That is my one brave step today.

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Recovery isn’t the road to perfect

It seems kind of counterintuitive, but up until the other day when I posted my last poem “Inside a Box,” I kind of had this feeling that I hadn’t reached “recovered” yet because I was still unhappy a lot of the time. I thought “recovered” would mean that I wouldn’t feel sad or¬†disappointed¬†in myself. And “recovered” seemed untouchable – like I was doing all this work, but I would never be able to “get there”…because one thing or another wasn’t ¬†quite perfect in my life, be it swim, school, relationships, or life events completely outside of my control. I felt hopeless because I knew that other people had “reached recovery,” but I couldn’t for the life of me grasp what exactly that meant.

Sarah posted a comment on my poem that really hit home with me. She said in relation to me poem: “life isn‚Äôt happiness all the time, experiencing ups and downs is healthy and it‚Äôs a part of life.” Essentially, recovery doesn’t mean everything is going to be perfect. There are going to be days when you didn’t study hard enough for a test, or when your body is run down and you can’t focus or perform, or when certain relationships are a struggle. There will be days when you want to just shut down and curl up in a ball on the couch, wasting away hours staring at the ceiling and wondering when, or if, it will get better.

But there will also be days when you excel and learn and grow. There will be days when you are the strong person you knew you could be, when you are the¬†charismatic, enthusiastic person you were some time ago, when you enjoy yourself and take time out to relax without having to fight a constant battle with a diseased, irrational thought process. There will be days when eating is just that – eating. When the choice of an apple over a cookie is not a measure of self-deprivation; rather, it’s just that you didn’t want a cookie at this particular moment, but you sure as hell will want one in the future! There will be days when exercise is for enjoyment, to honor your body that you have grown to accept and love. There will be days spent doing nothing with people you love and care about more than anything else in the world. There will be lives you save without even knowing it, there will be souls you help cultivate, there will be friends who can rely on you and there will be friends you can rely on.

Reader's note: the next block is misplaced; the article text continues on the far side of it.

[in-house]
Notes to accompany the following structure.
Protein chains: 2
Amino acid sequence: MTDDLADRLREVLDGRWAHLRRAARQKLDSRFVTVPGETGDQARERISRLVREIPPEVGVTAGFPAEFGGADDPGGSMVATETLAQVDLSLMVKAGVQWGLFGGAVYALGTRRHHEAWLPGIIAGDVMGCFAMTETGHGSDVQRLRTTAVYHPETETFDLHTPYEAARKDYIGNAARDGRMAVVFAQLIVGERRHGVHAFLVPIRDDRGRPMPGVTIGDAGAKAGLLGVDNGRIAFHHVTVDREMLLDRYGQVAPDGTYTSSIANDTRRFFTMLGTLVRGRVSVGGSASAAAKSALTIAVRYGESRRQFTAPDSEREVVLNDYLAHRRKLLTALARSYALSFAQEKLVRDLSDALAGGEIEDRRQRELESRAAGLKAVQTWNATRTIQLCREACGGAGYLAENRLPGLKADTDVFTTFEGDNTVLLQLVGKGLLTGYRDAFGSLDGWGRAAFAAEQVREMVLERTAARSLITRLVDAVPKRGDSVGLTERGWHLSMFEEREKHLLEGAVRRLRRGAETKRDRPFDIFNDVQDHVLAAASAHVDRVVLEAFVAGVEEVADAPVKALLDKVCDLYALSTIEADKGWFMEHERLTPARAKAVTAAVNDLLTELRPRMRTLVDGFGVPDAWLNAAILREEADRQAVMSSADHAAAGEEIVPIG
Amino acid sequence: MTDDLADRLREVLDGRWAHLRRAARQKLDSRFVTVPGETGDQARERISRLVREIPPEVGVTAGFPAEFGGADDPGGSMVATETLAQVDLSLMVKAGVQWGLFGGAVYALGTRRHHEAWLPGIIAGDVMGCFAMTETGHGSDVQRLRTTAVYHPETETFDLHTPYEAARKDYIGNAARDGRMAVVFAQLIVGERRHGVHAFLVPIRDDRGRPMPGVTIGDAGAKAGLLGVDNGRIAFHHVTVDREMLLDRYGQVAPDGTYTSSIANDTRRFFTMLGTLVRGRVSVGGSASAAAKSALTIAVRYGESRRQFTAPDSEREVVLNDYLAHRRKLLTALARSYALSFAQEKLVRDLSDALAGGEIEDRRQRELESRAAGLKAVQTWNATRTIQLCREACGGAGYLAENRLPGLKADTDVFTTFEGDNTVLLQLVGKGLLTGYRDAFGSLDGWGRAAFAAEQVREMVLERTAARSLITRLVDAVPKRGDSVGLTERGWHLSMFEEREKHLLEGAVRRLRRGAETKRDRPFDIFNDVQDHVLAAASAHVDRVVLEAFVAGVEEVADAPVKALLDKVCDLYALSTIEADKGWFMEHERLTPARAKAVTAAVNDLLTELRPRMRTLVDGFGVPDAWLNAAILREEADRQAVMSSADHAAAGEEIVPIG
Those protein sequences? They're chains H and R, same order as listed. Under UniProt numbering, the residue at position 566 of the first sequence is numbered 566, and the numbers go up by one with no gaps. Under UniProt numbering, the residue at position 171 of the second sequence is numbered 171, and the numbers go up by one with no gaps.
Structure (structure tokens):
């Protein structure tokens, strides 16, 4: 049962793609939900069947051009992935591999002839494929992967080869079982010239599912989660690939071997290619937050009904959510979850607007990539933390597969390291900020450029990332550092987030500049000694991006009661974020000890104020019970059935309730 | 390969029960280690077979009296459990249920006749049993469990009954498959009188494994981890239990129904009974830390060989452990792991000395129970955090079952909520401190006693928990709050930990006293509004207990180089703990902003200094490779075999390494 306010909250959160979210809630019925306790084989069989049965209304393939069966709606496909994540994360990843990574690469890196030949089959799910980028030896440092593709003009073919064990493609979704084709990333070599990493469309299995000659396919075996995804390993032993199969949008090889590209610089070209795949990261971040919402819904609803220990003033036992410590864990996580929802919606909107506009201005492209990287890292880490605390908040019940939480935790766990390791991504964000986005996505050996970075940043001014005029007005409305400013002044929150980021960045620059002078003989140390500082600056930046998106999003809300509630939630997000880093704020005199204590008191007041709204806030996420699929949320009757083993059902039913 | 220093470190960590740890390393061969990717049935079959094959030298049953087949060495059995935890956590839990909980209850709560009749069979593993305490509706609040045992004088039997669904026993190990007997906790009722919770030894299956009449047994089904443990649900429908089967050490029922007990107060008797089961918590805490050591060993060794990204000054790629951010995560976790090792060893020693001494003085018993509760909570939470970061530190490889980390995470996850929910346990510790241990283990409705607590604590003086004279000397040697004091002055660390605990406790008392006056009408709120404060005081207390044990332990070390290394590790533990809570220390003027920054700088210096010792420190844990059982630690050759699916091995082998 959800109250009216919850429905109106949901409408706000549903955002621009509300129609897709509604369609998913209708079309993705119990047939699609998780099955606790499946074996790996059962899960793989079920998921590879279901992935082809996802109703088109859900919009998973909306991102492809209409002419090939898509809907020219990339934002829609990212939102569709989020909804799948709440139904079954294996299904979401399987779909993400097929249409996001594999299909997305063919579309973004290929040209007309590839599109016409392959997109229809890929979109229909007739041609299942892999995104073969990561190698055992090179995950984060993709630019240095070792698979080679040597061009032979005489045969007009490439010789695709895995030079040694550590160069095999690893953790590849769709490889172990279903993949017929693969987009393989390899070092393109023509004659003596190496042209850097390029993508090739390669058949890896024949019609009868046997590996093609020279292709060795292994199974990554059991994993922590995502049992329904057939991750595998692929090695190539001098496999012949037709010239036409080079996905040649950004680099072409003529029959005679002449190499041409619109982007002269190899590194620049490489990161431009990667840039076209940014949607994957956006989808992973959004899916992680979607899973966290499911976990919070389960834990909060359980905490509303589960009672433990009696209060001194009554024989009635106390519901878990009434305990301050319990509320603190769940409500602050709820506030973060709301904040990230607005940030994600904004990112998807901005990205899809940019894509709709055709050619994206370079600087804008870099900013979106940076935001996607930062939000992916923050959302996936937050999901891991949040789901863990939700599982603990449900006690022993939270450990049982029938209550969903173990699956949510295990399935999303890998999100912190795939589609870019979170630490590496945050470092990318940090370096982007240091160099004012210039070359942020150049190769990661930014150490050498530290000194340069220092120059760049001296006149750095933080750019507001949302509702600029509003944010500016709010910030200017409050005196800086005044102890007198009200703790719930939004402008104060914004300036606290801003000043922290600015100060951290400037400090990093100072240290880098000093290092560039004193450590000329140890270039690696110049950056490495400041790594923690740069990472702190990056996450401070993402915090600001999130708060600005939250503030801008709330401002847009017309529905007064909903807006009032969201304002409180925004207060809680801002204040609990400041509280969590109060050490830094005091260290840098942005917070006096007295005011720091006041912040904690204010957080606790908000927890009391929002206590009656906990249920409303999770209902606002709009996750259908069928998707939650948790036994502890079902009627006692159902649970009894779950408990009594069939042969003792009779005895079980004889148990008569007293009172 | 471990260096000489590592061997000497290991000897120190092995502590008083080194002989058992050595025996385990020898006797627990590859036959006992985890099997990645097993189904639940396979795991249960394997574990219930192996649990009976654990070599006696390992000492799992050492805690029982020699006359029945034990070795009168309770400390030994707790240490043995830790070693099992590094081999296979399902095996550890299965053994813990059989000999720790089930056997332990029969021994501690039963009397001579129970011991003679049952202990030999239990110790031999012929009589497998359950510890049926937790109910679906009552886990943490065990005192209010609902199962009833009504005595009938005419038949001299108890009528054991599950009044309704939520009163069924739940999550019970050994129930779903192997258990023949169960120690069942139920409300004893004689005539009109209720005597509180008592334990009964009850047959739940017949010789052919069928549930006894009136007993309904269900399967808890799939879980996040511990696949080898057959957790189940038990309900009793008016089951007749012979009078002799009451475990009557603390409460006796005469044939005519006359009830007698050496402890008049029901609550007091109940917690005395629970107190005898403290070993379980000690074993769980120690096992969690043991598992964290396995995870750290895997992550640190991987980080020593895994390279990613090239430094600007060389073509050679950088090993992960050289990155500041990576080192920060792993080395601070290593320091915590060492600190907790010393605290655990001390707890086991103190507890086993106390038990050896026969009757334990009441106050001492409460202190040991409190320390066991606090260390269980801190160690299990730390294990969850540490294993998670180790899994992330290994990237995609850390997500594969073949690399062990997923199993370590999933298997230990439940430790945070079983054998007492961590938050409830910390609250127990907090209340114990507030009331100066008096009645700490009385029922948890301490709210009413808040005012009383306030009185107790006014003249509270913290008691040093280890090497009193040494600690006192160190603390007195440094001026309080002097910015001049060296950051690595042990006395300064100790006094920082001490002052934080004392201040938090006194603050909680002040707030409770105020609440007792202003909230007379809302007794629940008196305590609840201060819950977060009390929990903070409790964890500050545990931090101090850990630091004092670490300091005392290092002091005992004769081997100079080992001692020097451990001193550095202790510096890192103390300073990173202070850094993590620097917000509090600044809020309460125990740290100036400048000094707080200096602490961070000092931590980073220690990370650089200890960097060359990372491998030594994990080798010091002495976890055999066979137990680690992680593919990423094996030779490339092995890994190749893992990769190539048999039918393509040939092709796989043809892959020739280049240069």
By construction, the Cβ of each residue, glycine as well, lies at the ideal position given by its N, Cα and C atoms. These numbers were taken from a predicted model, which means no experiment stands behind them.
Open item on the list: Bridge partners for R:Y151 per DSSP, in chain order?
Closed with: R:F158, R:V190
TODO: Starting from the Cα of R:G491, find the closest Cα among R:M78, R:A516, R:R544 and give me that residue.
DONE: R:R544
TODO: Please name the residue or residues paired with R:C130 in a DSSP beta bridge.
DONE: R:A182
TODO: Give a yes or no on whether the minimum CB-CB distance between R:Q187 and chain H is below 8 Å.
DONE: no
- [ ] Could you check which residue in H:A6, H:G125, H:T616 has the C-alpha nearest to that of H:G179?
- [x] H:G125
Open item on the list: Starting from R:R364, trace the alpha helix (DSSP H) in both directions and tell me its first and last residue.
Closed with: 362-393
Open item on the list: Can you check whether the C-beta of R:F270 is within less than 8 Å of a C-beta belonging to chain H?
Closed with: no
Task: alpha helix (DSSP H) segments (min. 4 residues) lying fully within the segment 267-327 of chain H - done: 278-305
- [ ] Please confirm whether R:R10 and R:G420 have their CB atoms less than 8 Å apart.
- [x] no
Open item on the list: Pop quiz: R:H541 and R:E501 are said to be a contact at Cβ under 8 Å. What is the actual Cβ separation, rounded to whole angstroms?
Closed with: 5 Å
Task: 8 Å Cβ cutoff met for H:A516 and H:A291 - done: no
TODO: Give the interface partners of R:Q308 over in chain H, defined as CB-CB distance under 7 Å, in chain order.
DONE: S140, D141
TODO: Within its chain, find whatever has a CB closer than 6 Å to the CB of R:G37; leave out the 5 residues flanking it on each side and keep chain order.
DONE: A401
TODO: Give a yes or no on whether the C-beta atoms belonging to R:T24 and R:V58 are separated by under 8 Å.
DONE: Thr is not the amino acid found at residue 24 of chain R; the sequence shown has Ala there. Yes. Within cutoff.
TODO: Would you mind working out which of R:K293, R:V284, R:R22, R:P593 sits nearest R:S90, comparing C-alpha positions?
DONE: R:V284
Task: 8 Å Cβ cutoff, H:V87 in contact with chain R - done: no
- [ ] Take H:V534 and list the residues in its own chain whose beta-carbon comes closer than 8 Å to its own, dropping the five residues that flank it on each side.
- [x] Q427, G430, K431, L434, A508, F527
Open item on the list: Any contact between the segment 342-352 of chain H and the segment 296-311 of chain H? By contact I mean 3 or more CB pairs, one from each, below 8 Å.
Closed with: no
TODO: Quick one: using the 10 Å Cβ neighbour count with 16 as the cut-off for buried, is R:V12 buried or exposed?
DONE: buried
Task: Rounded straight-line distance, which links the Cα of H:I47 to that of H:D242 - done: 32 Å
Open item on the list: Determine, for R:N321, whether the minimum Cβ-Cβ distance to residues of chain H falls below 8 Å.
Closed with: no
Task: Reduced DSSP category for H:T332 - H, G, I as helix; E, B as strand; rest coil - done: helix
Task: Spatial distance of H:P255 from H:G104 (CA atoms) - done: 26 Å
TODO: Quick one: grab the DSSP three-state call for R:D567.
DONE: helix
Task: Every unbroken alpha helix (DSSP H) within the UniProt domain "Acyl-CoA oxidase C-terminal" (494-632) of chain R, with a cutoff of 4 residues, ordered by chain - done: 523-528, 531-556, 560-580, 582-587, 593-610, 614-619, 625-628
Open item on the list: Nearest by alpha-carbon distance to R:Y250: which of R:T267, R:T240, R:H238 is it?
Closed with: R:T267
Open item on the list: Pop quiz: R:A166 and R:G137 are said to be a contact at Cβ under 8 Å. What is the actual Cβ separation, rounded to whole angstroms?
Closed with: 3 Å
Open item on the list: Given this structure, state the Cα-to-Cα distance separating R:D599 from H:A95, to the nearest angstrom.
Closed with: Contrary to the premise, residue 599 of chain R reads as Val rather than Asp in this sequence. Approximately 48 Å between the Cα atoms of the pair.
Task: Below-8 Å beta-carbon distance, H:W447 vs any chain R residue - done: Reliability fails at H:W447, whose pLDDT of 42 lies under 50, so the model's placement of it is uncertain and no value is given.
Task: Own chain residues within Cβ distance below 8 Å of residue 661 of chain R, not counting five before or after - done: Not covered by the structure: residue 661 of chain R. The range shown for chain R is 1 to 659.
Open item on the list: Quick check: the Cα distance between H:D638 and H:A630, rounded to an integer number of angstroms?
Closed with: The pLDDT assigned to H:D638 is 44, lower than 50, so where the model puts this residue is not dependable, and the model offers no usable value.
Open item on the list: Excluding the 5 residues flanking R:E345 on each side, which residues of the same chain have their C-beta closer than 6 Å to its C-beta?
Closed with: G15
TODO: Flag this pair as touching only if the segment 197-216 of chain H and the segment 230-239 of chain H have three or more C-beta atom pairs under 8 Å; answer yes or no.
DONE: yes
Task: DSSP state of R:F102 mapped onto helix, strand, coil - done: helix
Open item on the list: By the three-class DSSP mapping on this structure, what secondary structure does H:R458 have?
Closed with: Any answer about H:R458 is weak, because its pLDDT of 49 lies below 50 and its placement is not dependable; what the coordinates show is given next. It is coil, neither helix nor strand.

Some days will combine the good and the bad – but that, in a nutshell, is life! It’s not always easy, and there will be sadness and pain. But there will also be happiness, joy, love, laughter, warmth, passion, and trust. There is so much more out there in life that isn’t tangible; it has to be felt, experienced first-hand. There will be days that you feel defeated or disappointed in someone or something, but this doesn’t make you a bad person or a failure. It’s how you react in situations of adversity that makes all the difference. The way I see it, we (and by we, I mean people with EDs) have two choices – 1.) run away from feelings by numbing them with the “comfort” presented by an eating disorder or 2.) realizing that life sometimes sucks, but this isn’t a direct reflection on ME¬†or the effort I am putting out or my strengths and weaknesses. There will always be things beyond our control, and by accepting that we can finally move forward.

Isn’t that what recovery is all about? ūüėČ